The broad, long-term objective is to achieve a deeper understanding of the pathogenesis of acute lung injury (ALI) causing the Acute Respiratory Distress Syndrome (ARDS), and to develop more effective means of its treatment and prevention. Hypotheses to be tested: 1) ALI due to oxidant stress is attributable in large measure to two fundamental and interrelates processes: inflammation and cell death by apoptosis or necrosis; 2) Excitotic mechanisms are a major pathogenic factor in cell death due to oxidant stress; and 3) Vasoactive intestinal peptide (VIP) and the related pituitary adenylate cyclase activating peptide (PACAP) can effectively reduce or prevent at least some forms of ALI, by blocking these critical processes, and by promoting cell survival pathways. Specific Objectives fall into two broad categories: a) Establish the role of inflammatory, apoptotic and excitotoxic mechanisms in the pathogenesis of ALI. This goal is justified by the need to establish criteria for evaluating the second objective; b) Determine the efficacy, potency, and specificity of VIP & PACAP in the protection against ALI, with special reference to the above pathogenic mechanisms, and the receptors and pathways mediating this protection. 1) Document the importance of key inflammatory mechanisms in ALI, including NF- KB activation, an the expression and production of major pro- and anti-inflammatory cytokines. NF-KB activation, will be assessed by evaluating evidence for such activation (nuclear displacement of p50 and p65 subunits) in models of ALI, and correlating the activation with the degree of injury, and the inhibition of activation with protection from injury. Transgenic mice with targeted deletion of NF-KB subunit p50 will be examined for possible resistance to injury. 2) Assess the contribution of apoptotic and necrotic cell death to ALI by: morphologiv evidence, TUNEL-testing, caspase activation, poly (ADP-ribose) polymerase PARP) activation (which often leads to necrosis) or its degradation (a marker of apoptosis), and the degree of protection afforded by anti-apoptotic measures, including caspase inhibitors and upregulation of anti-apoptosis protein bcl2, relative to pro-apoptotic BAX. 3) Validate the concept that endogenous glutamate receptor activation is an important mechanism of oxidant-induced ALI. 4) Determine the mechanisms, receptors, and pathways of lung protection by VIP and PACAP in these experimental models of injury: a) Excitotoxic lung injury due to excessive glutamate receptors due to excessive activation of glutamate receptors, a model that we recently characterized and is uniquely suited to a critical analysis of cell death mechanisms in lung injury; b) oxidant injury due to paraquat and xanthine + xanthine oxidase; and c) endotoxin lipopolysaccharide (LPS)-and Fas- induced apoptotic cell death. Injury will be induced in isolated lungs, cell preparations (alveolar macrophages, alveolar epithelial & pulmonary endothelial cells), and in vivo model of endotoxemia. Whenever available, we will study selected strains of transgenic mice either lacking or overexpressing key factors regulating the inflammatory response, death pathways and survival signals. In searching for the pathways of injury and its modulation by VIP/PACAP, we will use the newly introduced gene microarrays.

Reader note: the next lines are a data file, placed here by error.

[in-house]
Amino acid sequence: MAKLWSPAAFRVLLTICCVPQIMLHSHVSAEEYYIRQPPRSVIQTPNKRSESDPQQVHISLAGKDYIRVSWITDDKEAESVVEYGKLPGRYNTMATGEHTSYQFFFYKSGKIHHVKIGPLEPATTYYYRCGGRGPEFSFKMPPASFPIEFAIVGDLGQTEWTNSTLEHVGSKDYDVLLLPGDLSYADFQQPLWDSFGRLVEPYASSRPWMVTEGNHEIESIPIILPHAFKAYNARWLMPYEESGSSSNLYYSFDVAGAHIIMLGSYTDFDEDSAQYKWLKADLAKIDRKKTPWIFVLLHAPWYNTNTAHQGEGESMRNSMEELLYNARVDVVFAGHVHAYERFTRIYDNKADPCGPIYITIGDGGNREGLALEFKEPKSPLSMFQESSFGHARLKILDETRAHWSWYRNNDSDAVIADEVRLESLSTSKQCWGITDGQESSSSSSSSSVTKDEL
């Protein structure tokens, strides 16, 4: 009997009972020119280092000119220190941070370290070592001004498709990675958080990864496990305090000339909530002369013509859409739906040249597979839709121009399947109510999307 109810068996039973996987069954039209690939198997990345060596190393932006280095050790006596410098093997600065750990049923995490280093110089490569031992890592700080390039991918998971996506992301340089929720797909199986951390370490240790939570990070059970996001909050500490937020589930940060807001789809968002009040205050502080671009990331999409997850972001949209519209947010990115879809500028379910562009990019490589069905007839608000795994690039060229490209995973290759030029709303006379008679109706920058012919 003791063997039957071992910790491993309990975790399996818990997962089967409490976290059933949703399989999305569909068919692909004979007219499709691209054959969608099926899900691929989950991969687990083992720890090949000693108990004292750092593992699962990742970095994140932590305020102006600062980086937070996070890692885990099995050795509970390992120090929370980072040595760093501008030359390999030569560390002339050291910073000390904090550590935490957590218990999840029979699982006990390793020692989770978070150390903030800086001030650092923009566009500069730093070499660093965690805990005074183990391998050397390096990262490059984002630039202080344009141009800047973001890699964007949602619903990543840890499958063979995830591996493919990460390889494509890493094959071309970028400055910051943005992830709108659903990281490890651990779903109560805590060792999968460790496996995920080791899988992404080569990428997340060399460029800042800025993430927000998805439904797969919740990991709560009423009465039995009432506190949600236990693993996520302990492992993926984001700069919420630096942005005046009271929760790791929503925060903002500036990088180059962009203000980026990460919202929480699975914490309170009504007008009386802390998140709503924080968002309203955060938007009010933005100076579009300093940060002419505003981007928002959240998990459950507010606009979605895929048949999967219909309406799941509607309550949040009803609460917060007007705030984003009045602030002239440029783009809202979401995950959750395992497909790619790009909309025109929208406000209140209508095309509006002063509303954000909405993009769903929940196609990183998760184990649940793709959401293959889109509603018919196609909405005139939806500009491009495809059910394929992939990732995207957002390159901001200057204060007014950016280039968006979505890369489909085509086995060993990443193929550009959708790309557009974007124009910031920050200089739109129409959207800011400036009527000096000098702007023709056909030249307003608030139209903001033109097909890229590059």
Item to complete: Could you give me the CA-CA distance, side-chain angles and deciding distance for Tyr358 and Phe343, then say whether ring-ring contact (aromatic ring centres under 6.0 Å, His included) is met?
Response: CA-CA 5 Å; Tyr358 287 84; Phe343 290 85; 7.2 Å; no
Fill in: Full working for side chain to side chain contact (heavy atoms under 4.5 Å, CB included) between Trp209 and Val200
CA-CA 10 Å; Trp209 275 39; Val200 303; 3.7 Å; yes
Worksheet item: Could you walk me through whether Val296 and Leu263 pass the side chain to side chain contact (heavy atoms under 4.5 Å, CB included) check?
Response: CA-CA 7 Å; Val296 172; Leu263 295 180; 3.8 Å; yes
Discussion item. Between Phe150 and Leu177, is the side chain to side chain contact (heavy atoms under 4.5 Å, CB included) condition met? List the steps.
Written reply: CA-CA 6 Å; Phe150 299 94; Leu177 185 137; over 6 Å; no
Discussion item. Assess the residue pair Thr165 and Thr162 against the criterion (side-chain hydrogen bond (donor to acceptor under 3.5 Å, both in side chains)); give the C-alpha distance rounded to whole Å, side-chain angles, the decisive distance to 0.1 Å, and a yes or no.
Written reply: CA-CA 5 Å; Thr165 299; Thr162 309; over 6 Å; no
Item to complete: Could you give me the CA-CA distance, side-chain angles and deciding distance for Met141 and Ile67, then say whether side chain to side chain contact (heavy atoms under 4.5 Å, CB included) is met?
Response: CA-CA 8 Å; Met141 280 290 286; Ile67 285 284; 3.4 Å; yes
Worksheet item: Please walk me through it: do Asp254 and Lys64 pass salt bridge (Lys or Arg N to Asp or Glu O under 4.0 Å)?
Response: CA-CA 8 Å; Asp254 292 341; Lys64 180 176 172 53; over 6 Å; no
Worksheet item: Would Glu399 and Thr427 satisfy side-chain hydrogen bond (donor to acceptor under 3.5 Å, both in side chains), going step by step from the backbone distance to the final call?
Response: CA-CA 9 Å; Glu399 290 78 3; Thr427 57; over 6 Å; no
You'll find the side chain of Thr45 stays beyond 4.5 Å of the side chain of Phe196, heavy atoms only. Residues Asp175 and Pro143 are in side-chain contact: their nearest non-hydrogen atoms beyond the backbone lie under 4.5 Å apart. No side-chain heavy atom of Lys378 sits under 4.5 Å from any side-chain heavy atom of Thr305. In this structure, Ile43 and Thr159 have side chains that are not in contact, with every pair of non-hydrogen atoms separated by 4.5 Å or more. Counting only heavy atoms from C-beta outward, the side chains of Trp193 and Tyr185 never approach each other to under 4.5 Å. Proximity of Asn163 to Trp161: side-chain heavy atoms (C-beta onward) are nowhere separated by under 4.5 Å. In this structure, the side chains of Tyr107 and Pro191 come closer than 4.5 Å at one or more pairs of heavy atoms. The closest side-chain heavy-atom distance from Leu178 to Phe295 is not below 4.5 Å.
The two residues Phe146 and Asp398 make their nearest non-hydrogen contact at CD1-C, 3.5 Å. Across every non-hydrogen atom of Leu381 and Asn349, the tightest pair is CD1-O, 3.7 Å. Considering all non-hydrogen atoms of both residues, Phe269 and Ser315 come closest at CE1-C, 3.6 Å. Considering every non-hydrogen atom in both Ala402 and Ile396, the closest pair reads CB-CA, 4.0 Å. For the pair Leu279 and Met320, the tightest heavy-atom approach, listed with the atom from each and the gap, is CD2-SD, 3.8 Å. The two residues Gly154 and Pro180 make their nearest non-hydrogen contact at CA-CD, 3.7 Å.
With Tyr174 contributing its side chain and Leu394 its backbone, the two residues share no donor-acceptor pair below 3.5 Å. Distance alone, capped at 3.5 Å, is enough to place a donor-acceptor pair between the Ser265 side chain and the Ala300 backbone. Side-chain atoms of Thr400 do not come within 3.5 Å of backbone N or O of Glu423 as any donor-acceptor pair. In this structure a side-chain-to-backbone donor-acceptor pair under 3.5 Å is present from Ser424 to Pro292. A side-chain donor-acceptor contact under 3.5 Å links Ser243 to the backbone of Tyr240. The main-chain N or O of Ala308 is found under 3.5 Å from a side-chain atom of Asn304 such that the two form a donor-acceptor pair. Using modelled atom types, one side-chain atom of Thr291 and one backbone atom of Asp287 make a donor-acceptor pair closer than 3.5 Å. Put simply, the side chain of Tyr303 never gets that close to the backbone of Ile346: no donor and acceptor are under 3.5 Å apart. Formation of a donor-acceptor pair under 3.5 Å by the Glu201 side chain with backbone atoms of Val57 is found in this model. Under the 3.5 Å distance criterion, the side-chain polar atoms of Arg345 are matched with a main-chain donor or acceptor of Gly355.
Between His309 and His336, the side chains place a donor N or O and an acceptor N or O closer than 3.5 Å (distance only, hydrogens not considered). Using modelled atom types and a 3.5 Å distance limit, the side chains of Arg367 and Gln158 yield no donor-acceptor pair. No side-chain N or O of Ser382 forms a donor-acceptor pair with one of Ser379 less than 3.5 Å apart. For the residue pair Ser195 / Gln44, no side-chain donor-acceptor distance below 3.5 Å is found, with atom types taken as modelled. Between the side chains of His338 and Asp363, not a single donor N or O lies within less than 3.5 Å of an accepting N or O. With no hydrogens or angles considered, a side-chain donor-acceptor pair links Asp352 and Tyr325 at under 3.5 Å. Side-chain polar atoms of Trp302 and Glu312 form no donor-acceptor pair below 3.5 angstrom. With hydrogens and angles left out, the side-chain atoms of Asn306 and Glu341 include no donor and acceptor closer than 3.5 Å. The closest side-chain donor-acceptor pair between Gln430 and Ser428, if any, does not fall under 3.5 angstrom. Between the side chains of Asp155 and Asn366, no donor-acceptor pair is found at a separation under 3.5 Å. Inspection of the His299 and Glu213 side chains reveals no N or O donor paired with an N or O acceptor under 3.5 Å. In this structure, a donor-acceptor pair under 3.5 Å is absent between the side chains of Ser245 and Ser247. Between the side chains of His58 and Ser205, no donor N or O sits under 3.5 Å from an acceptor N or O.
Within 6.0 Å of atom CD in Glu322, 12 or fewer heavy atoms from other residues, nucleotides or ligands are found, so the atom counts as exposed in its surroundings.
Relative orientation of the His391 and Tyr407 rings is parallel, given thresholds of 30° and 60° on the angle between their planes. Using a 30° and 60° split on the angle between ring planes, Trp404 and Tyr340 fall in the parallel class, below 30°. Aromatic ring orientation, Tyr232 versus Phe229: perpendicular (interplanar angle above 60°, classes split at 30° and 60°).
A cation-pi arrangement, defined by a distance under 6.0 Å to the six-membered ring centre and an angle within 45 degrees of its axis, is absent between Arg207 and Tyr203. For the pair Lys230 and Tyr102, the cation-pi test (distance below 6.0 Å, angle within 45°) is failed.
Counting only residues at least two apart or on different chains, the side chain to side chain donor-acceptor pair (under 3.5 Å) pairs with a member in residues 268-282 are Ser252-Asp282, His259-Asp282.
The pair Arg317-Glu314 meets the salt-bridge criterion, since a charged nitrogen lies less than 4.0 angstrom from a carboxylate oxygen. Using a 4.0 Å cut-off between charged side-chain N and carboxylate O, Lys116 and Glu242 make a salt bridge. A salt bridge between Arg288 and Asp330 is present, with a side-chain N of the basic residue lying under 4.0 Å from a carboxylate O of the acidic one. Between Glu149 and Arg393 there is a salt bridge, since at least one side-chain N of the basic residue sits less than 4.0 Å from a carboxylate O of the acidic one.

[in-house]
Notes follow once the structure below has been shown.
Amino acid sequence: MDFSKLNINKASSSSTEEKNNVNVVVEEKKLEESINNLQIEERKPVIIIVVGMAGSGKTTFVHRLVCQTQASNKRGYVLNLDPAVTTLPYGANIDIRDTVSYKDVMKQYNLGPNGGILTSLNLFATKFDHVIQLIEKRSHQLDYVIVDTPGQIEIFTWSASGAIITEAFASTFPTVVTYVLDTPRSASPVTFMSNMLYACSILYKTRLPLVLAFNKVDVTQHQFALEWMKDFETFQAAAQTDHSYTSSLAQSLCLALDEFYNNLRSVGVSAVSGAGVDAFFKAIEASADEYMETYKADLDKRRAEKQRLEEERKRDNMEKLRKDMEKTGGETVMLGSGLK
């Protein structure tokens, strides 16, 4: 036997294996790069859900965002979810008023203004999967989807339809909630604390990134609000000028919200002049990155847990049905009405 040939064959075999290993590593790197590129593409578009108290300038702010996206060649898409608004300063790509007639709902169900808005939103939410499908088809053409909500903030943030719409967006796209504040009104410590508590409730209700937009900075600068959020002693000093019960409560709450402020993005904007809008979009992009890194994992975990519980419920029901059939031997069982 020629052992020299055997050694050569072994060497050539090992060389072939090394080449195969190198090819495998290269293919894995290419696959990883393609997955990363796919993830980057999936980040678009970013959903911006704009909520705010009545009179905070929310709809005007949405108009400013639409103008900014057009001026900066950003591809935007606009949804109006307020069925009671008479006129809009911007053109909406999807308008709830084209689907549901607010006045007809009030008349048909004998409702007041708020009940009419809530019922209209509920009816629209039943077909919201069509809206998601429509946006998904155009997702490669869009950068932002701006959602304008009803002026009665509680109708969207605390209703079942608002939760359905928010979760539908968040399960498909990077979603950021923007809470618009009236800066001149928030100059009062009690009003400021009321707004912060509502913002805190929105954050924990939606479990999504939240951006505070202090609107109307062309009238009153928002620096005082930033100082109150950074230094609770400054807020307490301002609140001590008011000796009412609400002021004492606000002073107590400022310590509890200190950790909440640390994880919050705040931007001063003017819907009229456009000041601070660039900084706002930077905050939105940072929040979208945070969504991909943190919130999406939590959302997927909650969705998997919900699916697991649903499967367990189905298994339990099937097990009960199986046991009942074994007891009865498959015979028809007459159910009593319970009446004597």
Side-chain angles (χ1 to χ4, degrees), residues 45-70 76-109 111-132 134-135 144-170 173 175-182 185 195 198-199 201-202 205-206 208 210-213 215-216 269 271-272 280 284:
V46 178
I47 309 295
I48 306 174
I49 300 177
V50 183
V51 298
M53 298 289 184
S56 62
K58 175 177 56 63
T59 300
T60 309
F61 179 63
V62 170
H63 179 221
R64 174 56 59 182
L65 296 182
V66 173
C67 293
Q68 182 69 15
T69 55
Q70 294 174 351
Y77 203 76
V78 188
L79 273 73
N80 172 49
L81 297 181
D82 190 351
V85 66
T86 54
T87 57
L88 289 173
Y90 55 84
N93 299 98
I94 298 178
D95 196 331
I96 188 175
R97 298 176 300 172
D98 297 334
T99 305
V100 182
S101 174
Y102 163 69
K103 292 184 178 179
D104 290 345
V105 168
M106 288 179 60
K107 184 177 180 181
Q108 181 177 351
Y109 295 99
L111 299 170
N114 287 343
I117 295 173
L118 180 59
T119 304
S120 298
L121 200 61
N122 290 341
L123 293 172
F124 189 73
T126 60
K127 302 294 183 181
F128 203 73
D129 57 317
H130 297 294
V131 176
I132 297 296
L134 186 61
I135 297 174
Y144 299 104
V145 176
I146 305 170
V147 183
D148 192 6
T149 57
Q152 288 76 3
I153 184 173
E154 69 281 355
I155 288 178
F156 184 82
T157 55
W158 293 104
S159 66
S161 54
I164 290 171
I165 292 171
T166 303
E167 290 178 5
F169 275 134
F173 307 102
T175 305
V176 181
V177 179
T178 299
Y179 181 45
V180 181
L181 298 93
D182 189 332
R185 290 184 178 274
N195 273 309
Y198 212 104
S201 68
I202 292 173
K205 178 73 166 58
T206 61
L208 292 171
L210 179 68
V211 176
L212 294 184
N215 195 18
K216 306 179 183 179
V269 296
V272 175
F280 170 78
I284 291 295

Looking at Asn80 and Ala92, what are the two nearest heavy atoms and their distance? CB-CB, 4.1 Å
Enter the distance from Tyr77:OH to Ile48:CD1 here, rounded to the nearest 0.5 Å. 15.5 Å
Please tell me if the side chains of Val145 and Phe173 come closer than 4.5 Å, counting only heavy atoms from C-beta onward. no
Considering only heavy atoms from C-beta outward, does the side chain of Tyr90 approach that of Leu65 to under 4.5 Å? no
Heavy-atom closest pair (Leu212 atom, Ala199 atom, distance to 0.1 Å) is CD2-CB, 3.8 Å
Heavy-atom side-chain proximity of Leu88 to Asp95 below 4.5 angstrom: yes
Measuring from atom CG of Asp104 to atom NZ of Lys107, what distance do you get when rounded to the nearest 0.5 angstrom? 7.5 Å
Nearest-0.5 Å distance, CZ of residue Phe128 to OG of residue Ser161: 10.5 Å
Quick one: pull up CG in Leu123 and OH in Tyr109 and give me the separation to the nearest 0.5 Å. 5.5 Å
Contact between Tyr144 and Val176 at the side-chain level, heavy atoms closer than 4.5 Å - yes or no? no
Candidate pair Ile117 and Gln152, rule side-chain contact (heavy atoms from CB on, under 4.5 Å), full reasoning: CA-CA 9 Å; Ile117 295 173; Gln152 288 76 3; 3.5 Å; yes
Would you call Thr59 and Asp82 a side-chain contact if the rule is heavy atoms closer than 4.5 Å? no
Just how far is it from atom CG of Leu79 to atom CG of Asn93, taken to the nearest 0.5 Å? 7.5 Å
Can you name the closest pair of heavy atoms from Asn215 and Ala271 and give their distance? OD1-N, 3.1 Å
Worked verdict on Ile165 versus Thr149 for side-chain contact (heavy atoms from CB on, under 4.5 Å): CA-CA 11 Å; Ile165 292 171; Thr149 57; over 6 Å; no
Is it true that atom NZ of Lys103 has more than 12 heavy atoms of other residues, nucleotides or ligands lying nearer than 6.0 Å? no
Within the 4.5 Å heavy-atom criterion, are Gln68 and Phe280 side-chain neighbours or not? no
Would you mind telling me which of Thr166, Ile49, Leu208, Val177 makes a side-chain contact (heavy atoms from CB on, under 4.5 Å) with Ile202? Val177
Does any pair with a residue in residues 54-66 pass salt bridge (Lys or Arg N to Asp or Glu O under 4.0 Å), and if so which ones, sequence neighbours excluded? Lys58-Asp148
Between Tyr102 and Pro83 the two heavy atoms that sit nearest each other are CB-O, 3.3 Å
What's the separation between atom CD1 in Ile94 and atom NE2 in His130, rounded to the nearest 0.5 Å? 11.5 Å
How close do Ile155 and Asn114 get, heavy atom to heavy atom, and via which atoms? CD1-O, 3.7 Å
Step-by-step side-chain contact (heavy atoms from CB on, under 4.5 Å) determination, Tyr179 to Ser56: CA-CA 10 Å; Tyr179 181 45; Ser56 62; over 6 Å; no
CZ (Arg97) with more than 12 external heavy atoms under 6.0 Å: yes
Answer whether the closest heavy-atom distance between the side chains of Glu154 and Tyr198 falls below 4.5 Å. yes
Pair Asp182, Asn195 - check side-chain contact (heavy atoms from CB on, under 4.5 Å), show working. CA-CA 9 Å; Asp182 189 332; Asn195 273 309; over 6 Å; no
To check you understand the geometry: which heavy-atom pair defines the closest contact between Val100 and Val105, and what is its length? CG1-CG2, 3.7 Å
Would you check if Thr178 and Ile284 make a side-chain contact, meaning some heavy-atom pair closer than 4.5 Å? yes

National Institute of Health (NIH)
National Heart, Lung, and Blood Institute (NHLBI)
Research Project (R01)
Project #
Application #
Study Section
Special Emphasis Panel (ZRG1-RESP (01))
Program Officer
Harabin, Andrea L
Project Start
Project End
Budget Start
Budget End
Support Year
Fiscal Year
Total Cost
Indirect Cost
State University New York Stony Brook
Internal Medicine/Medicine
Schools of Medicine
Stony Brook
United States
Zip Code
Hamidi, Sayyed A; Lin, Richard Z; Szema, Anthony M et al. (2011) VIP and endothelin receptor antagonist: an effective combination against experimental pulmonary arterial hypertension. Respir Res 12:141
Said, S I; Hamidi, S A; Gonzalez Bosc, L (2010) Asthma and pulmonary arterial hypertension: do they share a key mechanism of pathogenesis? Eur Respir J 35:730-4
Hamidi, S A; Prabhakar, S; Said, S I (2008) Enhancement of pulmonary vascular remodelling and inflammatory genes with VIP gene deletion. Eur Respir J 31:135-9
Said, Sami I; Hamidi, Sayyed A; Dickman, Kathleen G et al. (2007) Moderate pulmonary arterial hypertension in male mice lacking the vasoactive intestinal peptide gene. Circulation 115:1260-8
Szema, Anthony M; Hamidi, Sayyed A; Lyubsky, Sergey et al. (2006) Mice lacking the VIP gene show airway hyperresponsiveness and airway inflammation, partially reversible by VIP. Am J Physiol Lung Cell Mol Physiol 291:L880-6
Said, Sami I (2006) Mediators and modulators of pulmonary arterial hypertension. Am J Physiol Lung Cell Mol Physiol 291:L547-58
Dickman, Kathleen G; Youssef, J Georges; Mathew, Suni M et al. (2004) Ionotropic glutamate receptors in lungs and airways: molecular basis for glutamate toxicity. Am J Respir Cell Mol Biol 30:139-44
Said, Sami I; Rattan, Satish (2004) The multiple mediators of neurogenic smooth muscle relaxation. Trends Endocrinol Metab 15:189-91